Most successful accounting teams are powered by high employee morale. That’s why good managers place so much stock on keeping their teams engaged and motivated, and on fostering a cohesive, supportive office environment.
But what if the office is closed? In the wake of the COVID-19 pandemic, accounting departments across the country have morphed into remote teams, with many employees working from home.
In this new reality, managers need to be mindful of issues particular to remote work that might impact morale, be it a communication breakdown or employees feeling disconnected and isolated. Here are 8 tips for boosting team morale from a distance.
- Check in often. Try to stick to your regular team meeting schedule, using video conferencing tools such as Zoom, Skype or Microsoft Teams. For one-on-one check-ins, an instant message works when you need a quick answer or have a request, but a video chat will be a more efficient use of time than a drawn-out text exchange. Video can also provide insight into how your staff are faring: Body language, tone of voice and general appearance can be clues to an employee’s stress level and state of mind.
- Encourage virtual socializing. The working relationships between your employees are more important than ever when your team can’t meet in person. To help maintain these bonds (and fend off stress), make space for nonaccounting conversations, whether it’s creating a Slack channel for sharing jokes and memes or encouraging virtual lunches over video calls. A regularly scheduled — but optional — video conferencing call, with “no shop talk” as the ground rule, can also be a time when team members share a laugh and catch up on each other’s reading or video-streaming recommendations.
- Stay positive … As a manager, your energy can set the tone in the office, and it’s no different in the virtual arena. Lead by example with positive messaging, optimistic language and a dash of humor.
- … but also empathetic. Staying upbeat and positive doesn’t mean you should ignore or downplay the challenges your team is facing. On the contrary, you may need to deliver bad news, making empathy a powerful tool. The more workers understand how everyone is struggling to some extent, the more likely they are to bond. If some team members are working on notebooks perched on ironing boards, this isn’t the best time to show off your fancy standing desk. Instead, talk about some of the challenges you have faced, and just as importantly, how you overcame them.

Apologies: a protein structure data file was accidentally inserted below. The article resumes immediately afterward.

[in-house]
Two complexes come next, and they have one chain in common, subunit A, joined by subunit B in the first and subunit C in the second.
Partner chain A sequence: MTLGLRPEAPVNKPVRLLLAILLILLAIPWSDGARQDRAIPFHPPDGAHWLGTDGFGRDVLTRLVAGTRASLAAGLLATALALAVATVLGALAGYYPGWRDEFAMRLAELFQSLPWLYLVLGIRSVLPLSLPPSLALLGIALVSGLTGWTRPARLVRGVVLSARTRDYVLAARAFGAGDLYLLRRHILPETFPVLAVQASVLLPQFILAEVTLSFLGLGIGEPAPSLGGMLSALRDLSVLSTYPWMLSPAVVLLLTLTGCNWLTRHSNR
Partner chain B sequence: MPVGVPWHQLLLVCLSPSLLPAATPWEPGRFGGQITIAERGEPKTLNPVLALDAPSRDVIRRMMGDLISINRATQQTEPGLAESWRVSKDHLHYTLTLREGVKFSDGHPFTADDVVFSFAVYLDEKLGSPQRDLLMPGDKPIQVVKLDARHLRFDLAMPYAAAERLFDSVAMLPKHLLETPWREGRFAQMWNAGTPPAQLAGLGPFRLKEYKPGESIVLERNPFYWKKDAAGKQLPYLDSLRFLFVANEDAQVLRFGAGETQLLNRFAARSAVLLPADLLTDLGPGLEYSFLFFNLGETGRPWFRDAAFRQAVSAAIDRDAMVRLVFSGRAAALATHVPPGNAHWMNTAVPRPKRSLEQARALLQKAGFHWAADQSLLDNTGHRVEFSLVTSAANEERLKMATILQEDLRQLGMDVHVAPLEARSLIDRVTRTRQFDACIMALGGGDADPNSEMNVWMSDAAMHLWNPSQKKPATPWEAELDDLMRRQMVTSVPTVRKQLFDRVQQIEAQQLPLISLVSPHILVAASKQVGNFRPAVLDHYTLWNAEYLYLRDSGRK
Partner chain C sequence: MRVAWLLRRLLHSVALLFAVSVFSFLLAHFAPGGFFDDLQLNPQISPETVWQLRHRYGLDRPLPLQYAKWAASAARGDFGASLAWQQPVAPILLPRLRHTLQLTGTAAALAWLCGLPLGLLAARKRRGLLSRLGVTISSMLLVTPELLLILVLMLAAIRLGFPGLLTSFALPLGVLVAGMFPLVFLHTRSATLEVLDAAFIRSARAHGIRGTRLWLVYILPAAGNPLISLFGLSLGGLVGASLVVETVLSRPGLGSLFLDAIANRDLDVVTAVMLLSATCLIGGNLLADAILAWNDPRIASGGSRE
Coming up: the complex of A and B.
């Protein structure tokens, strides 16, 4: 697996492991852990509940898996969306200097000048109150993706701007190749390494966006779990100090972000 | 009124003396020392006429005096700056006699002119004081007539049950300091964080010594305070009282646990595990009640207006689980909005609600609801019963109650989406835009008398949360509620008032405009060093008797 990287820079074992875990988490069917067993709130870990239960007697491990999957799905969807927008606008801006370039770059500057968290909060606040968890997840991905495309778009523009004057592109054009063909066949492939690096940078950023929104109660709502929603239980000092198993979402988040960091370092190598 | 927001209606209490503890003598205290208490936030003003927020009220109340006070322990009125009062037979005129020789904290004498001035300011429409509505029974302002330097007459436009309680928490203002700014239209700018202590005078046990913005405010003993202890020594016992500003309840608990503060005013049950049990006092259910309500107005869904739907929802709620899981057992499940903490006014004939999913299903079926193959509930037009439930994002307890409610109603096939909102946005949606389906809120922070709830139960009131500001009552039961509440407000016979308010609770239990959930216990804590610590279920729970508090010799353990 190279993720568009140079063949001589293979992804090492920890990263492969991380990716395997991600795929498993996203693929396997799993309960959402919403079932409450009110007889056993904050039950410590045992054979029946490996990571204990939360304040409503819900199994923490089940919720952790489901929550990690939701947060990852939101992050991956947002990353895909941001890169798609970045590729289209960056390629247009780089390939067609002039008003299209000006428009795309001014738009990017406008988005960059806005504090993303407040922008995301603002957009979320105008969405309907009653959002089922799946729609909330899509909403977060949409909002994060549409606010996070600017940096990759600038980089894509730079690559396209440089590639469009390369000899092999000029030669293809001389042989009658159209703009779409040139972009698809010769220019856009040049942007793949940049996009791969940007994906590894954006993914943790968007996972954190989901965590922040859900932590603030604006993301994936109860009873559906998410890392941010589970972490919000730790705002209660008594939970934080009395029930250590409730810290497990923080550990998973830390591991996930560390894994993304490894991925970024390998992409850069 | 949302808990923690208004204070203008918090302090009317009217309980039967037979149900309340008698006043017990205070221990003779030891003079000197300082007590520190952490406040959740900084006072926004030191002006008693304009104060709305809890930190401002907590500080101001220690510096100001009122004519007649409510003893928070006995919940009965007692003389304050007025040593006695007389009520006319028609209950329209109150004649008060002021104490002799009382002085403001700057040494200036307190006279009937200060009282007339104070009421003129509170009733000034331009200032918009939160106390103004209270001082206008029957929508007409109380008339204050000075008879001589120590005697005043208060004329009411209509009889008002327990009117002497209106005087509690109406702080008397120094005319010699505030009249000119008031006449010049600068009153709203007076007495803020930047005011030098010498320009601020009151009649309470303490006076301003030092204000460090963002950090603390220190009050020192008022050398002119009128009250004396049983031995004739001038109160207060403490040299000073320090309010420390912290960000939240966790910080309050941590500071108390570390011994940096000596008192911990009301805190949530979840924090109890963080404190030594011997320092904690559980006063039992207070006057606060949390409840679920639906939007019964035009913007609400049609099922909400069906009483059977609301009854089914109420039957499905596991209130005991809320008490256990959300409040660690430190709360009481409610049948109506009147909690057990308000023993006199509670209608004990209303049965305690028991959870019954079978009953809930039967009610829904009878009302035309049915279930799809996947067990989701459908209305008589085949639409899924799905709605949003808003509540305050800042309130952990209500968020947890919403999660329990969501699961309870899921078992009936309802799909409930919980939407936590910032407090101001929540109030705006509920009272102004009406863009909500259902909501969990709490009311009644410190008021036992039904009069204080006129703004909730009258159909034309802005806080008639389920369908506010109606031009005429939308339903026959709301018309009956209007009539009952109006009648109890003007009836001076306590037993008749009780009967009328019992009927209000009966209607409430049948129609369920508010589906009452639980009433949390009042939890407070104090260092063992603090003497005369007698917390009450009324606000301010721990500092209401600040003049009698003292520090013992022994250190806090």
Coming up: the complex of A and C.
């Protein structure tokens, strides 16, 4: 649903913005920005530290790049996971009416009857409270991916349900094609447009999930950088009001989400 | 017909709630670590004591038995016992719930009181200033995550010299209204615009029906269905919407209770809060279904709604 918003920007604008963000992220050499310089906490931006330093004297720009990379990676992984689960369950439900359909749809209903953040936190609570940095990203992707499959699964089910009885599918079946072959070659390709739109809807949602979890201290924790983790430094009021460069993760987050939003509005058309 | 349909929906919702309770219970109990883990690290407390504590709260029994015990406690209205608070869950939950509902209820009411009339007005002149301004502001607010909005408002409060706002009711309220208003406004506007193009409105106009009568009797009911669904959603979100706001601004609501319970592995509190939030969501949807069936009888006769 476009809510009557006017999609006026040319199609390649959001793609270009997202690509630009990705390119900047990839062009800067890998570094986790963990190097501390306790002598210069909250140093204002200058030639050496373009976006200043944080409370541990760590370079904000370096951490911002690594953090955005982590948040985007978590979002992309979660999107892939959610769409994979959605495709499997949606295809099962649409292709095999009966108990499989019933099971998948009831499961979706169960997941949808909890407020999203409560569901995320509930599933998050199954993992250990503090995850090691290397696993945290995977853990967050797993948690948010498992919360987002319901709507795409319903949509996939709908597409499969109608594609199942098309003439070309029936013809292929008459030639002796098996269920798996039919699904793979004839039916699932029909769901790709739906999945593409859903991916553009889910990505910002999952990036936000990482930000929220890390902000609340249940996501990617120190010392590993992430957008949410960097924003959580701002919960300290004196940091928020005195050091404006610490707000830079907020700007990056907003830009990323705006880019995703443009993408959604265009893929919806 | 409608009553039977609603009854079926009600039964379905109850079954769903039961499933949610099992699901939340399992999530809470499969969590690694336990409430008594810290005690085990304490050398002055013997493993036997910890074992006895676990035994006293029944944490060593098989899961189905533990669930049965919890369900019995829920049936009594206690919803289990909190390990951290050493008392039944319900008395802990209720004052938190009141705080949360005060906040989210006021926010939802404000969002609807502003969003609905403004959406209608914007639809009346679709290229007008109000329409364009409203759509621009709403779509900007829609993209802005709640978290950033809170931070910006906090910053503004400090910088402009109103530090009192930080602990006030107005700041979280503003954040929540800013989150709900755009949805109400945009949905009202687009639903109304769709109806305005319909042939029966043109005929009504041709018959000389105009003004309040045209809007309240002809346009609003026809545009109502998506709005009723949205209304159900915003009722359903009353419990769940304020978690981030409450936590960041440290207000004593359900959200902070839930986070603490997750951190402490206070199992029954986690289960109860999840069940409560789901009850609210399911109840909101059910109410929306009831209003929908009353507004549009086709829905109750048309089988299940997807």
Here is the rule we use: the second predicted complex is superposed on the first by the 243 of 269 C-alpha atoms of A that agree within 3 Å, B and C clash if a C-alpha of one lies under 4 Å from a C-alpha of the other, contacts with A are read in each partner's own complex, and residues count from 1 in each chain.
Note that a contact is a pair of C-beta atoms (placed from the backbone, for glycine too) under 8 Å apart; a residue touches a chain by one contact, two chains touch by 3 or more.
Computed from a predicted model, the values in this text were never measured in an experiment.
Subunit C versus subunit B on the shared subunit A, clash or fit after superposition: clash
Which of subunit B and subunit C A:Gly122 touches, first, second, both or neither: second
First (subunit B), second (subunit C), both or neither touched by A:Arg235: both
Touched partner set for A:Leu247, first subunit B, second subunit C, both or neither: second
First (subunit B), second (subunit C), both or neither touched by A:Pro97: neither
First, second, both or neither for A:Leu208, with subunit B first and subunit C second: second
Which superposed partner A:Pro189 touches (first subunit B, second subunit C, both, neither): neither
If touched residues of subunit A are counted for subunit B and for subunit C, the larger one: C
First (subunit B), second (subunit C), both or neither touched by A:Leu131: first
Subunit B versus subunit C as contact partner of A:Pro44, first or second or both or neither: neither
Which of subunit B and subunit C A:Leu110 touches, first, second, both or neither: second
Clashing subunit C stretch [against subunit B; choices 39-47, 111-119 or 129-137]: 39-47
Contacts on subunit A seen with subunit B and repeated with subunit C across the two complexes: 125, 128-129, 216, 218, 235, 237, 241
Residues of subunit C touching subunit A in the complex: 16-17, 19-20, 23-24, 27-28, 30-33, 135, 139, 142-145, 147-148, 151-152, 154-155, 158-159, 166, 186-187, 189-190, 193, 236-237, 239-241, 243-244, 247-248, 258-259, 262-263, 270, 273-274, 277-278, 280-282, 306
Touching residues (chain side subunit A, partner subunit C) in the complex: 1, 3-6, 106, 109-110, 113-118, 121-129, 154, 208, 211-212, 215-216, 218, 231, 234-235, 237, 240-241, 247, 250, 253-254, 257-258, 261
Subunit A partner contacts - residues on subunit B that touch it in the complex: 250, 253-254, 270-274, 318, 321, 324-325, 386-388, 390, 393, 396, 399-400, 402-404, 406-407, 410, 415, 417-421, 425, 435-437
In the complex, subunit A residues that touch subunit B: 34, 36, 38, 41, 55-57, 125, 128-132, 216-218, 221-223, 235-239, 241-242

- Impose structure. Suggesting guidelines about the workday is smart management that will help remote staff maintain a healthy work-life balance. Tell your team you are keeping normal hours and you expect them to shut down at the end of their work shift. Propose plenty of room for flexibility — some people will need to work odd hours at a time like this — and the team will appreciate you are looking out for them.
- Be workload watchful. Employees with too much work on their plates will quickly get overwhelmed, whether at home or in the office. The difference is that an overstretched remote worker is more likely to fly under your radar, increasing the risk they’ll burn out before you can intervene. Watch for clues (uncharacteristically poor work or missed deadlines, for example) that a team member is struggling, and step in quickly when needed.
- Say thank you. Every employee gets a boost from feeling recognized and appreciated by their boss. For the remote worker, who may struggle to feel “seen” even at the best of times, this is especially true. Saying “Great job!” in a team meeting or sending a thank-you note doesn’t take much effort but has a powerful energizing effect on workers, especially whose morale may be flatlining.
- Paint the big picture. A sense of accomplishment and pride in the organization are two of the key factors underpinning worker happiness. Remind your staff of the critical role accounting professionals play in a company’s ability to navigate the current COVID-19 outbreak and resulting economic downturn. If possible, share with them examples of how their team or individual efforts are contributing to the company’s resiliency.
Times are tough for everyone right now, but shared experiences, however difficult, can have a way of bringing people together in unexpected and lasting ways. Support your workers through this challenging period, and it could be you return to the office with a more cohesive team.
Paul McDonald is senior executive director at Robert Half, the world’s first and largest specialized staffing firm. He writes and speaks frequently on hiring, workplace and career-management topics. Over the course of more than 35 years in the recruiting field, McDonald has advised thousands of company leaders and job seekers on how to hire and get hired.
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